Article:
Good judgment should guide the scope of discovery on the part of all attorneys. However, it is our professional duty, at times, to ask unccomfortable questions during the course of the zealous representation of our clients. It is reassuring to know that we do not subject ourselves to personal liability because we ask the tough questions.
In Sorbara Construction Corp. v. AIU Ins. Co., an insured’s employee was injured on the job and filed a claim with the workers comp carrier. The same carrier wrote the insured’s liability policy. The insured did not give notice under its liability policy until five years after the loss, when the insured was impleaded into the case. The court ruled that notice under the liability policy was late and the carrier had no obligation to defend or indemnify its insured. The fact that the carrier had timely notice of the loss under the workers comp policy did not change this result. http://www.nycourts.gov/reporter/3dseries/2008/2008_07949.htm.
Posted by Jung Lee.
Often during depositions, the attorney defending the deposition will interrupt an answer with the phrase “if you know,” meaning that the witness should only answer the question if the witness has personal knowledge. An answer to a deposition question, or a statement in an affidavit, stating “to my knowledge” has the same meaning, according to a recent decision by the U.S. Court of Appeals for the Second Circuit.
In SCR Joint Venture, LP v. Warshawsky, the question was whether certain debts had been paid in full. The statement “to my knowledge” the creditor had not been paid in full was the same as “I know that” the creditor was not paid. The “to my knowledge” language was redundant.
In Munsch v. 205-209 East 57th Street Associates, LLC, a gemeral contractor hired an electrical contractor to install temporary lighting at a job site. The plaintiff, who worked at the site for another subcontractor, tripped on wood scraps or electrical debris because, he said, no lighting had been installed. He sued the electrician for negligence. The court ruled that the plaintiff was within his rights to assert such a negligence claim based upon the electrician’s alleged breach of the electrician’s contract with the general contractor.
Posted by Maju Varghese.
As medical costs continue to rise, the health insurer’s role in personal injury actions is certain to increase. In Fasso v. Doerr, the health insurer intervened in a medical malpractice action to recoup the $780,000 it had paid for plaintiff’s medical bills. The Court of Appeals held that a settlement below plaintiff’s claimed damages did not extinguish the health care carrier’s subrogation claim because there was still available insurance coverage. Further, an agreement between the tortfeasor and injured party cannot extinguish the health carrier’s claim without it consent.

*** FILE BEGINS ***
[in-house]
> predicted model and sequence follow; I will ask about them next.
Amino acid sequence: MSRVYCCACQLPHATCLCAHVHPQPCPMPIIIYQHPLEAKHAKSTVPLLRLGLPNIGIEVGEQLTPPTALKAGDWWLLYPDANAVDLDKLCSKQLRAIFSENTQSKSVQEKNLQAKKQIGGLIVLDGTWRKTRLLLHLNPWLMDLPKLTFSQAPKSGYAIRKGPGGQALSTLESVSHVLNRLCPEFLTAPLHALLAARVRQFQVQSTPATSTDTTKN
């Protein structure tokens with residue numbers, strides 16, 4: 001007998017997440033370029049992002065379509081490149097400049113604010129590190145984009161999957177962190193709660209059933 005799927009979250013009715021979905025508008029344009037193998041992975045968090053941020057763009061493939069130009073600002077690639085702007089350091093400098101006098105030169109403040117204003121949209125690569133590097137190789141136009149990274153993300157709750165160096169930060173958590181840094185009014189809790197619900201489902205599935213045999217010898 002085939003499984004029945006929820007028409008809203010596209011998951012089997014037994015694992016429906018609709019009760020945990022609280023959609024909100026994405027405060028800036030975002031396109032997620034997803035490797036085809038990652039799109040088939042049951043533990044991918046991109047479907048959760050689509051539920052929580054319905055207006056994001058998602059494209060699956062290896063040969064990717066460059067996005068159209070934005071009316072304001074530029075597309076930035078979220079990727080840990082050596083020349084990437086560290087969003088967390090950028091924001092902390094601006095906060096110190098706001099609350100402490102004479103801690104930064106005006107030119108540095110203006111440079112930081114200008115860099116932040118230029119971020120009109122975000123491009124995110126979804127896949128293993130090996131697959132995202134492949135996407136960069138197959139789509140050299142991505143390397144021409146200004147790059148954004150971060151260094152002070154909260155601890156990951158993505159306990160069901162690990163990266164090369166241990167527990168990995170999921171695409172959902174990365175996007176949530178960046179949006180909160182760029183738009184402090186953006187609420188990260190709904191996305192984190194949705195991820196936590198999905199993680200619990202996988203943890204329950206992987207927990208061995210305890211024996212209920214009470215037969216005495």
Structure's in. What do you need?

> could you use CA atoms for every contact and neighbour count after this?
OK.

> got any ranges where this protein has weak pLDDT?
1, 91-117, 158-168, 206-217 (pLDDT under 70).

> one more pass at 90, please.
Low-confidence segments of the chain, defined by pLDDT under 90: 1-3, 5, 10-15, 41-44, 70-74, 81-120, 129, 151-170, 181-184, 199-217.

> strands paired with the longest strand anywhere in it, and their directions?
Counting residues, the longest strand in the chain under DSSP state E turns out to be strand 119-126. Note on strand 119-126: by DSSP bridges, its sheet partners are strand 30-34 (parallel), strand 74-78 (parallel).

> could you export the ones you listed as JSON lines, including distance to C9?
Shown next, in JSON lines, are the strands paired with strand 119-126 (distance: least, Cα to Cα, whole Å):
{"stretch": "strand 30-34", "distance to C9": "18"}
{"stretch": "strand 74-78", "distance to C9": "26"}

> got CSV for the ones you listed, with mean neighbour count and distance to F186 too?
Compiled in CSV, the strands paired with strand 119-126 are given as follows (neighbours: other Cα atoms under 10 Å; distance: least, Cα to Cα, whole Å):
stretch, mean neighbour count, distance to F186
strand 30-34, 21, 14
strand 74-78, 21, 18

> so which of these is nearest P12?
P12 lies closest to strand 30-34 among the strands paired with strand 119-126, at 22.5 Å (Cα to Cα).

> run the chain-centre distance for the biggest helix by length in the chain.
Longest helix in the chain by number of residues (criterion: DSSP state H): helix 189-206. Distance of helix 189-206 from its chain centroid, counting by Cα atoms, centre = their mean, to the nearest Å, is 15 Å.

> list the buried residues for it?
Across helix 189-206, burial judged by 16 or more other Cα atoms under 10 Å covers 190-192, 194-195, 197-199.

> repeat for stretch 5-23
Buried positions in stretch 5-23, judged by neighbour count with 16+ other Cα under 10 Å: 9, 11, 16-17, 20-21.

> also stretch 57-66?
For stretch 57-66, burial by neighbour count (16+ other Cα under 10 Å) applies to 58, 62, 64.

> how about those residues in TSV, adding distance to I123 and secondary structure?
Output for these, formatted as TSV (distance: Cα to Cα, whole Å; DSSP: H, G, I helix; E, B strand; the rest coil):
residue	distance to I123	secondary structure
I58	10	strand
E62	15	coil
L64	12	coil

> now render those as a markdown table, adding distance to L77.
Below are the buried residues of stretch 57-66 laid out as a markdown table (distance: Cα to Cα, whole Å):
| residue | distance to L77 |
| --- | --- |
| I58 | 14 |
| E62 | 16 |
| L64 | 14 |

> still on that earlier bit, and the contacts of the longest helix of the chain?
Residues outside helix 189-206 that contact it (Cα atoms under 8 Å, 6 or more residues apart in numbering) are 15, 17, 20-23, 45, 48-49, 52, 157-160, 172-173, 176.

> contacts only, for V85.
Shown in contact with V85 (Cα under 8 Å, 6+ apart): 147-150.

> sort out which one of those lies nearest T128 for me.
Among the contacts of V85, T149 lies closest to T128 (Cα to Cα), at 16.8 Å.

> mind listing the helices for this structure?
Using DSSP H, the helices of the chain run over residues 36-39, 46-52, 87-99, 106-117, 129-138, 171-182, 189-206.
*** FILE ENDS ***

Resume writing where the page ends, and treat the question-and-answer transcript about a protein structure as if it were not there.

A recent appellate decision in Pennsylvania reiterated that an insurer’s failure to cite a certain policy provision in a declination letter does not necessarily act as a waiver of that provision or estop the insurer from later asserting rights under that provision. Prime Medica Associates v. Valley Forge Ins. Co., involved a suit limitation clause which required the insured to bring legal action against the insurer within two years after the date of loss.
The insured contended that the insurer failed to reference the policy’s suit limitations clause as further grounds to deny coverage for a claim of property loss and that the failure acted as a waiver of the clause and the insurer was estopped from enforcing that policy provision.
The Superior Court disagreed, holding that mere failure to raise the provision did not act as a waiver absent any action by the insurer to induce the insured to believe he was not subject to the limitations period. Furthermore, the insurer was not estopped from asserting the suit limitations provision because the failure to cite the relevant policy provision was not a promise by the insurer and was not sufficient grounds for the insured to rely on not having to comply with the policy provision.
Thanks to Mendel Simon for his contribution.
In Stengert v. Loving Care Agency, plaintiff filed suit against her employer alleging a hostile work environment led to her constructive discharge. During discovery, counsel for the defendant had a search performed on the computer that plaintiff used while an employee in order to recover any deleted information. The search revealed temporary Internet files containing e-mails sent from plaintiff’s personal Yahoo account to plaintiff’s lawyer.
Plaintiff took the position that those e-mails were protected by attorney-client privilege, and moved to restrain the use of the e-mails and to disqualify defense counsel. The Court looked to the employer’s communication policy that warned “any and all internet use and communication conducted on the employee’s computer is not private” and that also warned that all such files are considered part of the company’s business. The Court thus held that the plaintiff waived any privilege and denied plaintiff’s motion.
Thanks to Denise Ricci for her contribution.